National Gallery of Art - THE COLLECTION

Tour: Romantics and Realists

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image of Beach in Normandy
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Romantic has always been an elusive label -- in 1836 one wag concluded that romanticism "consisted in not shaving, and in wearing vests with heavily starched lapels." Delacroix, who in fact declined to identify himself as a romantic, is often set opposite the "classical" Ingres. Yet both produced romantic works exploring literary, historical, or purely imaginary, often exotic, themes: Delacroix with freely painted, energetic compositions and vivid color, Ingres with carefully controlled but evocative contours and highly refined surfaces. More than defining a style, romanticism suggests an inspiration in the creative imagination and an intense, personal response. In 1846 the poet and critic Charles Baudelaire answered his own question "What is romanticism?" by calling it "a manner of feeling." (continue)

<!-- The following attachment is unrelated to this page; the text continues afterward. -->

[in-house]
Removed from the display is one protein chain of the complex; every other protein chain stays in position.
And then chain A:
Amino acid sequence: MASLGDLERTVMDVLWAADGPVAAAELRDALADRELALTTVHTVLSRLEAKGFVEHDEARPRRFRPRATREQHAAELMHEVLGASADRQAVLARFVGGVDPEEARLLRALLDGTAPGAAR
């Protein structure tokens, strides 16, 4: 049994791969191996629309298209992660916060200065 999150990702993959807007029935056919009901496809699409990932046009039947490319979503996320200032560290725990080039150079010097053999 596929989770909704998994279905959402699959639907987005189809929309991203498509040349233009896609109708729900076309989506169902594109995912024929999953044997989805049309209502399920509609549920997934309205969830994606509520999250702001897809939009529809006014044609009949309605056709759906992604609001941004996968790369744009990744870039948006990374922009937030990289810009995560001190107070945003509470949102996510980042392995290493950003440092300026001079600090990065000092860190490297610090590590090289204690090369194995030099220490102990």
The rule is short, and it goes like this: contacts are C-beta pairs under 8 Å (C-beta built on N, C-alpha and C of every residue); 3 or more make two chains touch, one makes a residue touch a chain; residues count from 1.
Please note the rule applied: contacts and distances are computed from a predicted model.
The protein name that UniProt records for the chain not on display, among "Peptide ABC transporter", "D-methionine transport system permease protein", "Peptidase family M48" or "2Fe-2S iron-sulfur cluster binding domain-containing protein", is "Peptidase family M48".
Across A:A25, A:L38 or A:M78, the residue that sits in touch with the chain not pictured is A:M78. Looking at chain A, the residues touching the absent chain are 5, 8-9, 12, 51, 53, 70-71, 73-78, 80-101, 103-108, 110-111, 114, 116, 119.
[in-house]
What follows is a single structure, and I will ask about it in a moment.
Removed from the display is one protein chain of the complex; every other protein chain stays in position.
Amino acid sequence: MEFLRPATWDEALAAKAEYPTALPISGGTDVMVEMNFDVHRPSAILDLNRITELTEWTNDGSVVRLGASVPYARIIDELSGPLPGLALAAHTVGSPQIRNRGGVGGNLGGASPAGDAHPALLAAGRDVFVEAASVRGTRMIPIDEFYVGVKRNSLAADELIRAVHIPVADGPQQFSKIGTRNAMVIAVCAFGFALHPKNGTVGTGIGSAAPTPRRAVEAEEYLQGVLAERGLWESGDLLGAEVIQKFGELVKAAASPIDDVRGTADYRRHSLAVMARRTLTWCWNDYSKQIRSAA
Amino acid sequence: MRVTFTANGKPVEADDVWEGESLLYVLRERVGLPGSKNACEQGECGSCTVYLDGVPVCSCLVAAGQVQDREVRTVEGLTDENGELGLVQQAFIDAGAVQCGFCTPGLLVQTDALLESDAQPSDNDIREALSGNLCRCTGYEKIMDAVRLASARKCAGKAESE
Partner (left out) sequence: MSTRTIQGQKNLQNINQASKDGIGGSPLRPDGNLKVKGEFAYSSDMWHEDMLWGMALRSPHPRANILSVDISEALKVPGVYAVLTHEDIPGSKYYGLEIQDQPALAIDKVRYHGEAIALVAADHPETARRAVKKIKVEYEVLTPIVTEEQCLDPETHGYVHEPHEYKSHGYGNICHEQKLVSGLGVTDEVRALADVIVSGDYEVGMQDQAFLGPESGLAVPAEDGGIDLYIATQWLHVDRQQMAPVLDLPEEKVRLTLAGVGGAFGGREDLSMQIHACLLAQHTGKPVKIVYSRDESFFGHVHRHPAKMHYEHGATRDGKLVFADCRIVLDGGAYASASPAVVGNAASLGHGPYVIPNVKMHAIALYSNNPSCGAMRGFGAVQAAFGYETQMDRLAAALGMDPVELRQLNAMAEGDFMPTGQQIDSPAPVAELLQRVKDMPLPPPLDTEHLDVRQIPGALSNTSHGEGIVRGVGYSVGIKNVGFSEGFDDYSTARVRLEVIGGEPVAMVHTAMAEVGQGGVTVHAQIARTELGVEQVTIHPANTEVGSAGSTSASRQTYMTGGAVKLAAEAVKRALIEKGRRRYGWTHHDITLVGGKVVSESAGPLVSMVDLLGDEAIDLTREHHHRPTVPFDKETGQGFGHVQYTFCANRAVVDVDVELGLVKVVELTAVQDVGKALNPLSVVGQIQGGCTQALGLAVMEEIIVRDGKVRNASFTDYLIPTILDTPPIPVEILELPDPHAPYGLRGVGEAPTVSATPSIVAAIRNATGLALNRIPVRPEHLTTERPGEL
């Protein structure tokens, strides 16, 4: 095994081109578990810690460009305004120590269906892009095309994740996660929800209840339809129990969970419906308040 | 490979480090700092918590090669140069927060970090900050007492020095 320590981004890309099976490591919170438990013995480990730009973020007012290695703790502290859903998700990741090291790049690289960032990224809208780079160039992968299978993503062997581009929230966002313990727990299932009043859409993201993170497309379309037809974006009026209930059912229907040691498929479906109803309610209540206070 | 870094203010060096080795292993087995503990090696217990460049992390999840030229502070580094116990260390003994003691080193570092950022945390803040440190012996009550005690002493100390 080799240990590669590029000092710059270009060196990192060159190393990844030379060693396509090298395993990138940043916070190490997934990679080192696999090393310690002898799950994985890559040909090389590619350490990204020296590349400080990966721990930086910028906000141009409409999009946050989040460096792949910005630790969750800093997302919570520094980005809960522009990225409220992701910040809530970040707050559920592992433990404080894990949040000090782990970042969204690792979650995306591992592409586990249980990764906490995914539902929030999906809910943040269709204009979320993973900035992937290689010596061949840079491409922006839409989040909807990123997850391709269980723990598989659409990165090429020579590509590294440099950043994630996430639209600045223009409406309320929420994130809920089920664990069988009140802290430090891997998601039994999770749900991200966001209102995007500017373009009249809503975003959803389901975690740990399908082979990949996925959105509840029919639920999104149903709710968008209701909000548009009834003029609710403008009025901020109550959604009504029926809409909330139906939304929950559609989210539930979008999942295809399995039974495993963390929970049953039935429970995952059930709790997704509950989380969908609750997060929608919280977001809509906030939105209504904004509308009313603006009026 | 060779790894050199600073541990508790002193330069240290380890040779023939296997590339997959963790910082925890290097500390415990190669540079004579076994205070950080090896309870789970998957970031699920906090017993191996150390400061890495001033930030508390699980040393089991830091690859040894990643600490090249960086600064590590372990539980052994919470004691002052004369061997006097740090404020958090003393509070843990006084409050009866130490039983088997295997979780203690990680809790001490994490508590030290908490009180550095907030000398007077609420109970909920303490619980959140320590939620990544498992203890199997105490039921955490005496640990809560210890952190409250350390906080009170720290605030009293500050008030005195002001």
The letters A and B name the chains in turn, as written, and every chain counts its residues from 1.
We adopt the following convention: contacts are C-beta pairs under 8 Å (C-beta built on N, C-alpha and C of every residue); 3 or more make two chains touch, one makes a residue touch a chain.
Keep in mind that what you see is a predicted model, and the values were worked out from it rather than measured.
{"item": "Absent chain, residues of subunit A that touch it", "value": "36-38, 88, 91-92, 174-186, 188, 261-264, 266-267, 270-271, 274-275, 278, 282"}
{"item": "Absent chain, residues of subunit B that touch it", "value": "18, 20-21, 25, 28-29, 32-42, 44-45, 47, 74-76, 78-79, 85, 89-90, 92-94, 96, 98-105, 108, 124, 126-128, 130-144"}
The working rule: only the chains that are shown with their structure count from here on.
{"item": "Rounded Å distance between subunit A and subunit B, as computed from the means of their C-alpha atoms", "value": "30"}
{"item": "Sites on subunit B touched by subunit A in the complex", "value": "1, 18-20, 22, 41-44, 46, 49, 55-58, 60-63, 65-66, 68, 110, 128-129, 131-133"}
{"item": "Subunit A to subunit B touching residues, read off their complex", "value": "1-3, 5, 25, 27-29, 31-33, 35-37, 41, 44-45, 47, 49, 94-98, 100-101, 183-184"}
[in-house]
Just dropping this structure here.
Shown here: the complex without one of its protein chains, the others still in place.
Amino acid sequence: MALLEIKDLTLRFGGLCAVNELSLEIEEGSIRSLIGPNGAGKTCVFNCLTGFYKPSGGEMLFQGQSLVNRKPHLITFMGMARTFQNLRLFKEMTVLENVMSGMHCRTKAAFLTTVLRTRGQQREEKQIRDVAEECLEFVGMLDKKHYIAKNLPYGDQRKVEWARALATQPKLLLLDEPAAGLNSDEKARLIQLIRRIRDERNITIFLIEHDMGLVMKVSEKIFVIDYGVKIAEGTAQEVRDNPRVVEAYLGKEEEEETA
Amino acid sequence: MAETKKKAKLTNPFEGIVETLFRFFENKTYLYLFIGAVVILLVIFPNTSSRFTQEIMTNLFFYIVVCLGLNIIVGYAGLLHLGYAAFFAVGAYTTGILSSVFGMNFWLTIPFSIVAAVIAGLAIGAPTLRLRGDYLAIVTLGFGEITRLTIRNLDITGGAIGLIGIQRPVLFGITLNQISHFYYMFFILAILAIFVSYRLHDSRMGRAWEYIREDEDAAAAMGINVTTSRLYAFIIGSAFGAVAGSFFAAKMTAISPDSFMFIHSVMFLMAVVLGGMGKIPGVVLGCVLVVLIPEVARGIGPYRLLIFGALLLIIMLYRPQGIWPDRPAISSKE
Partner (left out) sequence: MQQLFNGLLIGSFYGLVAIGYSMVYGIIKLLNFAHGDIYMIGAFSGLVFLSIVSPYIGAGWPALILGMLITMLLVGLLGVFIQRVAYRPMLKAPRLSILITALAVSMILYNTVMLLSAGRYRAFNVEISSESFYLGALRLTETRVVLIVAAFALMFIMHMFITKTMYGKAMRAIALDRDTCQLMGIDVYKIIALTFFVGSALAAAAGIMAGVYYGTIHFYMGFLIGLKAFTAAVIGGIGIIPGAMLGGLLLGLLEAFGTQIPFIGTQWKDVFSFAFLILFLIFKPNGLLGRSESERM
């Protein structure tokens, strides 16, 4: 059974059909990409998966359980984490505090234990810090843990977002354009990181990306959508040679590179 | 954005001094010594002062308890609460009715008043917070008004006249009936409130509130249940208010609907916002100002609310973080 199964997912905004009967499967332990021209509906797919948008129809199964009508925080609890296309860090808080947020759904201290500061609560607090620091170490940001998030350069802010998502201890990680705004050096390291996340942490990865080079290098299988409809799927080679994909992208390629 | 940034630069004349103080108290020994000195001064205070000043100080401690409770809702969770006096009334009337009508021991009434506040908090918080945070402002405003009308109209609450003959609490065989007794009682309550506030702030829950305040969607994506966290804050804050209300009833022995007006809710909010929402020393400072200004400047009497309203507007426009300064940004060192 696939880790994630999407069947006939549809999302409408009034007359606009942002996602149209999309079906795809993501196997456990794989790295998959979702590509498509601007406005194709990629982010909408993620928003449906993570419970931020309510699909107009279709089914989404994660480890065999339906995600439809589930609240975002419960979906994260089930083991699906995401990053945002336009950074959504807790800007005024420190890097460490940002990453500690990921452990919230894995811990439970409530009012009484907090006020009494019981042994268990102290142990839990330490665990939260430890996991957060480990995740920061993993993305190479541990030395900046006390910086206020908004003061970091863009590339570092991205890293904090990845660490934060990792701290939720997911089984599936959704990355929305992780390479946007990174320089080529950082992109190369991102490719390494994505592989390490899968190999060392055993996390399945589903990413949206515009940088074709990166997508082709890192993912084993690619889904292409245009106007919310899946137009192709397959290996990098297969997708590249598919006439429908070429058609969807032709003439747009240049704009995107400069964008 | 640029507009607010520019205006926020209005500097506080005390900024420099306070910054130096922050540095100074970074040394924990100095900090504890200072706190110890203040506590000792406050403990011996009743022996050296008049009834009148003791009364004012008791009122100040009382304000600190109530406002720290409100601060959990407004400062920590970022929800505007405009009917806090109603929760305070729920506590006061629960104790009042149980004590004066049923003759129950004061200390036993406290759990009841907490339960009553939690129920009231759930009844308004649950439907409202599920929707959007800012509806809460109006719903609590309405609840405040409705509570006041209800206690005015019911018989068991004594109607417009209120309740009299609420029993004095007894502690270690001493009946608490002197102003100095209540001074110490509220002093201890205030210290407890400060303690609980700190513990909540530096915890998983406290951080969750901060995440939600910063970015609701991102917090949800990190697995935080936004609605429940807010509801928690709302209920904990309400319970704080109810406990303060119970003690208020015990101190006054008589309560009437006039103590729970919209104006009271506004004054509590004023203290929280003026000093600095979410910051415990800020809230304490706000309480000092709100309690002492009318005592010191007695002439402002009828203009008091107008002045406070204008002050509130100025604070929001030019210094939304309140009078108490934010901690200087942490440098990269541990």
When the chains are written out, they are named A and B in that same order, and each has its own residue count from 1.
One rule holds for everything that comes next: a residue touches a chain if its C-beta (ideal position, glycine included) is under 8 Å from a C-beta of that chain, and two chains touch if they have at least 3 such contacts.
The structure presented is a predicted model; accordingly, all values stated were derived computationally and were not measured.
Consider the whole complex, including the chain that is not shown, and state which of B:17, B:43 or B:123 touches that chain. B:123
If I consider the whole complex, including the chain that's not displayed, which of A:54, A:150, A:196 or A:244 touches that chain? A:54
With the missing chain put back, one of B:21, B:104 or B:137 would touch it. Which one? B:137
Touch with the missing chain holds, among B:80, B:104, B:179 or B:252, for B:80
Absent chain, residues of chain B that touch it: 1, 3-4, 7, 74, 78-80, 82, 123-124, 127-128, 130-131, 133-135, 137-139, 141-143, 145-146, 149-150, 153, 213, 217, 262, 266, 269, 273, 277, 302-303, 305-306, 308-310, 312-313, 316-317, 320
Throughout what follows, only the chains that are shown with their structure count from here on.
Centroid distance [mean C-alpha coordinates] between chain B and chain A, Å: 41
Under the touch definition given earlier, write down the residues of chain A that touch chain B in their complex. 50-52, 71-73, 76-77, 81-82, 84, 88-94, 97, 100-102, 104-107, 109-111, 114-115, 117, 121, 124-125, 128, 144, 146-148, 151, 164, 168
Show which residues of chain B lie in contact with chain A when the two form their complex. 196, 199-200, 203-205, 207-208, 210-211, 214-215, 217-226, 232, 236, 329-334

1Théodore Gericault, Mounted Trumpeters of Napoleon's Imperial Guard, 1813/1814
2Horace Vernet, Hunting in the Pontine Marshes, 1833
3Jean-Baptiste-Camille Corot, Forest of Fontainebleau, 1834
4Constant Troyon, The Approaching Storm, 1849
5Eugène Delacroix, Christopher Columbus and His Son at La Rábida, 1838
6Eugène Delacroix, Arabs Skirmishing in the Mountains, 1863
7Gustave Courbet, Beach in Normandy, c. 1872/1875